Several weeks ago I received an email that took me completely by surprise. Grace Bonney from Design*Sponge reached out to ask me if I would be interested in being featured in her new book, In the Company of Women. I responded right away saying YES, even though I was pretty sure I would receive a follow up email saying it had all been a mix-up and the email was meant for someone else. But it turns out it wasn’t a mix-up, and Grace thanked me for saying yes.
The book highlights 110 women in creative professions. It’s the kind of book I wish I had growing up. I always said I wanted to be an artist, but I had such a limited idea of the breadth of creative careers available. This book is such a wonderful undertaking and I am so honored to be a part of it.
The photo shoot for the book was this past Wednesday. Every woman featured in the book has a portrait taken in her studio or workspace. In my case, my studio is in my home. My first thought was, Oh no, how do I clean up my house and studio to look presentable for a book? My second thought was, Oh no, what do I wear? I deliberated on the latter. I initially thought I wanted to portray myself as a sophisticated designer so I thought – I’ll wear a simple but bold, tailored dress, probably DVF which is my go to for a ‘professional’ look. Then I had to remind myself about who I was at the present moment, and how I would want to represent myself, not Hana Getachew, the corporate interior designer but Hana Getachew – Creative Director of Bolé Road Textiles, a company I founded to be more connected to my home country of Ethiopia. I knew I needed to wear an Ethiopian dress. What better way to represent myself and my work, which is dedicated to sharing the heritage of Ethiopia?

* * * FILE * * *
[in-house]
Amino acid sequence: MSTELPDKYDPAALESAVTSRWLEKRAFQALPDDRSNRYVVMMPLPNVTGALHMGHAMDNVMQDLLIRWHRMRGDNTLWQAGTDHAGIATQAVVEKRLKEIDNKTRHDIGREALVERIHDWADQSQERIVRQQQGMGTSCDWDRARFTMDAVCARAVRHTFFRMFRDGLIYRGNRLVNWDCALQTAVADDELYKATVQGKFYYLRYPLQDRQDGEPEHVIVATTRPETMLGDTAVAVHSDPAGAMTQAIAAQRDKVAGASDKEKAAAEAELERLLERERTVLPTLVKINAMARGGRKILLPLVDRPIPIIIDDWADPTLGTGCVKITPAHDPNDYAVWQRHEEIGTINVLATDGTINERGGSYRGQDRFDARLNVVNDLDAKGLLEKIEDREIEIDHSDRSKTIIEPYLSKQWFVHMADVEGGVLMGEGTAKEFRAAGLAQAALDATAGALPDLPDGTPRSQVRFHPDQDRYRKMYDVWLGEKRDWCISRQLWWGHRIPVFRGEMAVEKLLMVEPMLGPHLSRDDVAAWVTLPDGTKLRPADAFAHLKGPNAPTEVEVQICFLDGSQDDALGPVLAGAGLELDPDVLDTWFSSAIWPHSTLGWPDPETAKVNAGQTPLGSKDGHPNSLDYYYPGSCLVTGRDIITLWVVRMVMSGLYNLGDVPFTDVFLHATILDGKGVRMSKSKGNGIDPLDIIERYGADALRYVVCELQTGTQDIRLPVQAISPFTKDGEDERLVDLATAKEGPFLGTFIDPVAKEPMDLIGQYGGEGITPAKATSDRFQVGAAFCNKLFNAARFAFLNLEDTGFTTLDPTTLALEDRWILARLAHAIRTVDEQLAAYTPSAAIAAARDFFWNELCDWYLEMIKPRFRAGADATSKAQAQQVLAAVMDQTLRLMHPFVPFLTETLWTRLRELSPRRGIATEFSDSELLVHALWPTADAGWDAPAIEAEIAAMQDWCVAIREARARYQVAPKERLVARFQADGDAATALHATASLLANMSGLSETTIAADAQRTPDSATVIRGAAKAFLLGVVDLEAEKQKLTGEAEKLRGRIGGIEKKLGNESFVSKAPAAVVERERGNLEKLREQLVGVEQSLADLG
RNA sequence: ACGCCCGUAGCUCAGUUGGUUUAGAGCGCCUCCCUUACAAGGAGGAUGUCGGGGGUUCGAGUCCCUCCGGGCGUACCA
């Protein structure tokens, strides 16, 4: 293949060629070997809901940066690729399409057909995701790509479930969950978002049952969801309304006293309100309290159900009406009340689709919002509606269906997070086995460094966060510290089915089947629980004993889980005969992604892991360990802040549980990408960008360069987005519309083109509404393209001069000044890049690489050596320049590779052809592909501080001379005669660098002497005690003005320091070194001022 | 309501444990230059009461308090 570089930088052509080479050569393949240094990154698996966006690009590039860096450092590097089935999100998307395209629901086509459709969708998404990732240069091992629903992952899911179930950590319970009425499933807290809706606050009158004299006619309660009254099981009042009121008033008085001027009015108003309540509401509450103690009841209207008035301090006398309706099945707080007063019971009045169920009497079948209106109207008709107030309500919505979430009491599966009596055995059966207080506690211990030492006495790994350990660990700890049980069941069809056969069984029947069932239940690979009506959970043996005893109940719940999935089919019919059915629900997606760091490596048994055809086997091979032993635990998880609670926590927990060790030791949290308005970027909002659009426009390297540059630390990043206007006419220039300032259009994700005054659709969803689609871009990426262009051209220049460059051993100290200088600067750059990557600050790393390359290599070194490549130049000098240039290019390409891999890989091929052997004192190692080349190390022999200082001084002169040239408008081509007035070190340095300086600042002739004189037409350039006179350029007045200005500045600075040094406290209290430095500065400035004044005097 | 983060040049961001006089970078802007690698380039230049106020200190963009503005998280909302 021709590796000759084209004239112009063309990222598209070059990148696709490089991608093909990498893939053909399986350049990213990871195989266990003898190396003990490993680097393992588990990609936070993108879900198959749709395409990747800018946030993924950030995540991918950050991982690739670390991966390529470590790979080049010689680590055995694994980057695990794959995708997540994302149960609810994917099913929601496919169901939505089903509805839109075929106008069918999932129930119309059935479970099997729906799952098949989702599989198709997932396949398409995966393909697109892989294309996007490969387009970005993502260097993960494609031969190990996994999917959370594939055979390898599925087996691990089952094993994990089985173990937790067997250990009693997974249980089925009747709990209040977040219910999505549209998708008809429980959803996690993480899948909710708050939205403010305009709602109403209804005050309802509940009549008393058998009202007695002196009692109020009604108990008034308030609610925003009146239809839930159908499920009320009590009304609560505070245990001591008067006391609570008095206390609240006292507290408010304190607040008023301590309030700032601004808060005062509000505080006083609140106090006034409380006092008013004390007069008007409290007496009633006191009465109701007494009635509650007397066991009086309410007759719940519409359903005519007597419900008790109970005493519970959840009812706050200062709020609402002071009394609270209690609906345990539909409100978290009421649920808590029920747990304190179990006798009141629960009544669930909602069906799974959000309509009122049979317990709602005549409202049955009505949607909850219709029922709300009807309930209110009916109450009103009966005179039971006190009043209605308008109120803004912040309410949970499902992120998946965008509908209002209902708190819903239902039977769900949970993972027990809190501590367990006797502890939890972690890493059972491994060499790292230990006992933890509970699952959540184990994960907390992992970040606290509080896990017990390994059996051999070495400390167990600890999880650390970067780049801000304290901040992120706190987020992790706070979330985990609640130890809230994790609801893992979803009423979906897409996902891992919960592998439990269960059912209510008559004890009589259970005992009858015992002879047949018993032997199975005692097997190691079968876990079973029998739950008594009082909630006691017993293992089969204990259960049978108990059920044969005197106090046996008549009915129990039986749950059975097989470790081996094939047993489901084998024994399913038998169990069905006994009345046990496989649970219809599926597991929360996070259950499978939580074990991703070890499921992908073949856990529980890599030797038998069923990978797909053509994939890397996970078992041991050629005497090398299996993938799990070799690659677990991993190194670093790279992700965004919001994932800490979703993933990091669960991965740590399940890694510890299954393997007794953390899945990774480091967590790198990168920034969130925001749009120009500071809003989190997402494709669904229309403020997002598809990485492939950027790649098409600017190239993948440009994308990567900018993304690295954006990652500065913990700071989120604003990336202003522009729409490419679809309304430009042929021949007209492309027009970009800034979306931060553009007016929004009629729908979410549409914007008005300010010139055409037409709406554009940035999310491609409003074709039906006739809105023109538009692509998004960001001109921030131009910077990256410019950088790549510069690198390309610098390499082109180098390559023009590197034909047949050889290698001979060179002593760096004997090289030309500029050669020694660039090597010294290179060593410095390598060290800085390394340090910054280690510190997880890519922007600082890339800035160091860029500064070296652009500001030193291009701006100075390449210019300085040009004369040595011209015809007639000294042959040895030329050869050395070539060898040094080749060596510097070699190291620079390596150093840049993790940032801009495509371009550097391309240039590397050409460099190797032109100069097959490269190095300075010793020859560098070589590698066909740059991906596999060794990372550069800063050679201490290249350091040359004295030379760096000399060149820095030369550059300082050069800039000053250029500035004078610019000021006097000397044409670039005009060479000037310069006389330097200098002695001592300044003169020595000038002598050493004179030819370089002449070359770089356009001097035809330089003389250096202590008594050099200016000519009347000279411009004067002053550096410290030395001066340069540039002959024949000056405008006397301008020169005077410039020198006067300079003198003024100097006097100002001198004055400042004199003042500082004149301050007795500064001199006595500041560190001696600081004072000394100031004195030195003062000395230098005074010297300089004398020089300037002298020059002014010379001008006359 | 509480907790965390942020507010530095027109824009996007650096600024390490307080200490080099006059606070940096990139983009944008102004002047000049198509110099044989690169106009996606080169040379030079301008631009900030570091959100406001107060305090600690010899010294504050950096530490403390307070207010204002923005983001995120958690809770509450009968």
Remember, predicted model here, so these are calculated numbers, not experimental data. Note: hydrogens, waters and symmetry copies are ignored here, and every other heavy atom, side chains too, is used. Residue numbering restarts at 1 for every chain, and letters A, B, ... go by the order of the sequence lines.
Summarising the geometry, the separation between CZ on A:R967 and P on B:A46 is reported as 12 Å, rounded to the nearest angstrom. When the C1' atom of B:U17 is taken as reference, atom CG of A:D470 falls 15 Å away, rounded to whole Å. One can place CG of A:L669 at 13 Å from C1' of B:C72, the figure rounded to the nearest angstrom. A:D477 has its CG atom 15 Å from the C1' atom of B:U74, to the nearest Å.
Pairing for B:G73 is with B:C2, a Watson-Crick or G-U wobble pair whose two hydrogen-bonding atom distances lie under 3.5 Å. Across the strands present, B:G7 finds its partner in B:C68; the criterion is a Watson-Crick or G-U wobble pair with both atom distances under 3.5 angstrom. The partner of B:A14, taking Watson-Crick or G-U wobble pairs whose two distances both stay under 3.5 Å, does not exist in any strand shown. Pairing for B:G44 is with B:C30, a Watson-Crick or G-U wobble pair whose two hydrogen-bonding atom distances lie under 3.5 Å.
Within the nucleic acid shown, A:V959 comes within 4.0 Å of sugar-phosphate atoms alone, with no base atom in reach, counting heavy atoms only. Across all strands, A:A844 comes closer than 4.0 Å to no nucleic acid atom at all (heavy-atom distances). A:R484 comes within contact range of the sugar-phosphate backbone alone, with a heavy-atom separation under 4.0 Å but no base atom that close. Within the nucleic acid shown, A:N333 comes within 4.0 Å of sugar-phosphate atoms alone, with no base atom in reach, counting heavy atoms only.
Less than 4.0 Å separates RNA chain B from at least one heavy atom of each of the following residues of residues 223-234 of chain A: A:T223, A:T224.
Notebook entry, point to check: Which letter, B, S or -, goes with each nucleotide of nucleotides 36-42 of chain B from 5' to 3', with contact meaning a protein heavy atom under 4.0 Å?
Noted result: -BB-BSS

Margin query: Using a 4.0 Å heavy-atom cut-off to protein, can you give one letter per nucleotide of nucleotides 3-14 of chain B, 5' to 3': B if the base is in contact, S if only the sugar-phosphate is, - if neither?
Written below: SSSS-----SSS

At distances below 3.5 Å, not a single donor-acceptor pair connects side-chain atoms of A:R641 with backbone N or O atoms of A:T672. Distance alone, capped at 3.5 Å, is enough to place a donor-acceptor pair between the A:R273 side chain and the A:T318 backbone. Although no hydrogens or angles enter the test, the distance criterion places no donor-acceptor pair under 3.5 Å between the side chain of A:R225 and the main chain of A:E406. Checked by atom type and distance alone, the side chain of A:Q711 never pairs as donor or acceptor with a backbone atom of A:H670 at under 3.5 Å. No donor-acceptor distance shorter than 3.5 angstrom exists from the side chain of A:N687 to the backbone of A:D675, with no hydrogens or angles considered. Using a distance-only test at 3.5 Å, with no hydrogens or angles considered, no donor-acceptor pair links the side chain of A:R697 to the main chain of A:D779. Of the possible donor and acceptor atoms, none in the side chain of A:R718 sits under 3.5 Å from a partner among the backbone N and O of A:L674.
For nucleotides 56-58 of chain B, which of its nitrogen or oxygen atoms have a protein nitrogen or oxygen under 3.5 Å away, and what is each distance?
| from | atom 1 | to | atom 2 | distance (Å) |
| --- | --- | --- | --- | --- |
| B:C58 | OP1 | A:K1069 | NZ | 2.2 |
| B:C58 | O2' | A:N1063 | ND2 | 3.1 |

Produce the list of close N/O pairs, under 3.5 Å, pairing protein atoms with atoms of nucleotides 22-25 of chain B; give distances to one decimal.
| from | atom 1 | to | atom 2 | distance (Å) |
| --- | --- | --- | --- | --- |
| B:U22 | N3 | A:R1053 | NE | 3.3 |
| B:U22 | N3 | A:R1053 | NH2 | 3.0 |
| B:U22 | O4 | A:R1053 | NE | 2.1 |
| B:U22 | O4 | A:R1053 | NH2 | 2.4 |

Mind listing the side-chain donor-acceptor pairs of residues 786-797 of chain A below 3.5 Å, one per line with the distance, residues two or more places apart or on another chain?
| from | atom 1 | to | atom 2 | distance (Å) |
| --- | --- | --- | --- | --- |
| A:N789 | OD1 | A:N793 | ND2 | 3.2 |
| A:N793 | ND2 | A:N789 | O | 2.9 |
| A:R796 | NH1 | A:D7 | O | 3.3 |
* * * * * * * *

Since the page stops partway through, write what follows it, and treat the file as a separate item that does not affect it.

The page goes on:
I wore a simple, modern dress that I purchased in a shop in Bole during my stay in Addis Ababa last year (yes, Bole, as in Bolé Road – read more here). In the mornings I would ride with my father to his office where I would set up shop to work on the day’s Bolé business. On our way home each evening we passed a shop that had this dress in the window. And each evening I thought to myself, I need to have this dress. I hadn’t seen an Ethiopian dress like it before. It’s a sleeveless, below the knee A-line dress with a collar. So me. It’s incredibly modern, with a white on white tibeb (pattern) on the hem and collar, which is quite rare in Ethiopian dresses.
Initially I thought I’d wear the dress to launch the company, but changed my mind at the last moment (opting instead for a series of white Club Monaco dresses seen here, here and here). I am happy I saved it for an equally special occasion. Along with my Ethiopian jewelry, my look was complete.
The dress embodies the essence of Bolé Road. It’s modern, simple, and unmistakably Ethiopian. I am proud to represent my culture, both through this dress and through Bolé Road Textiles.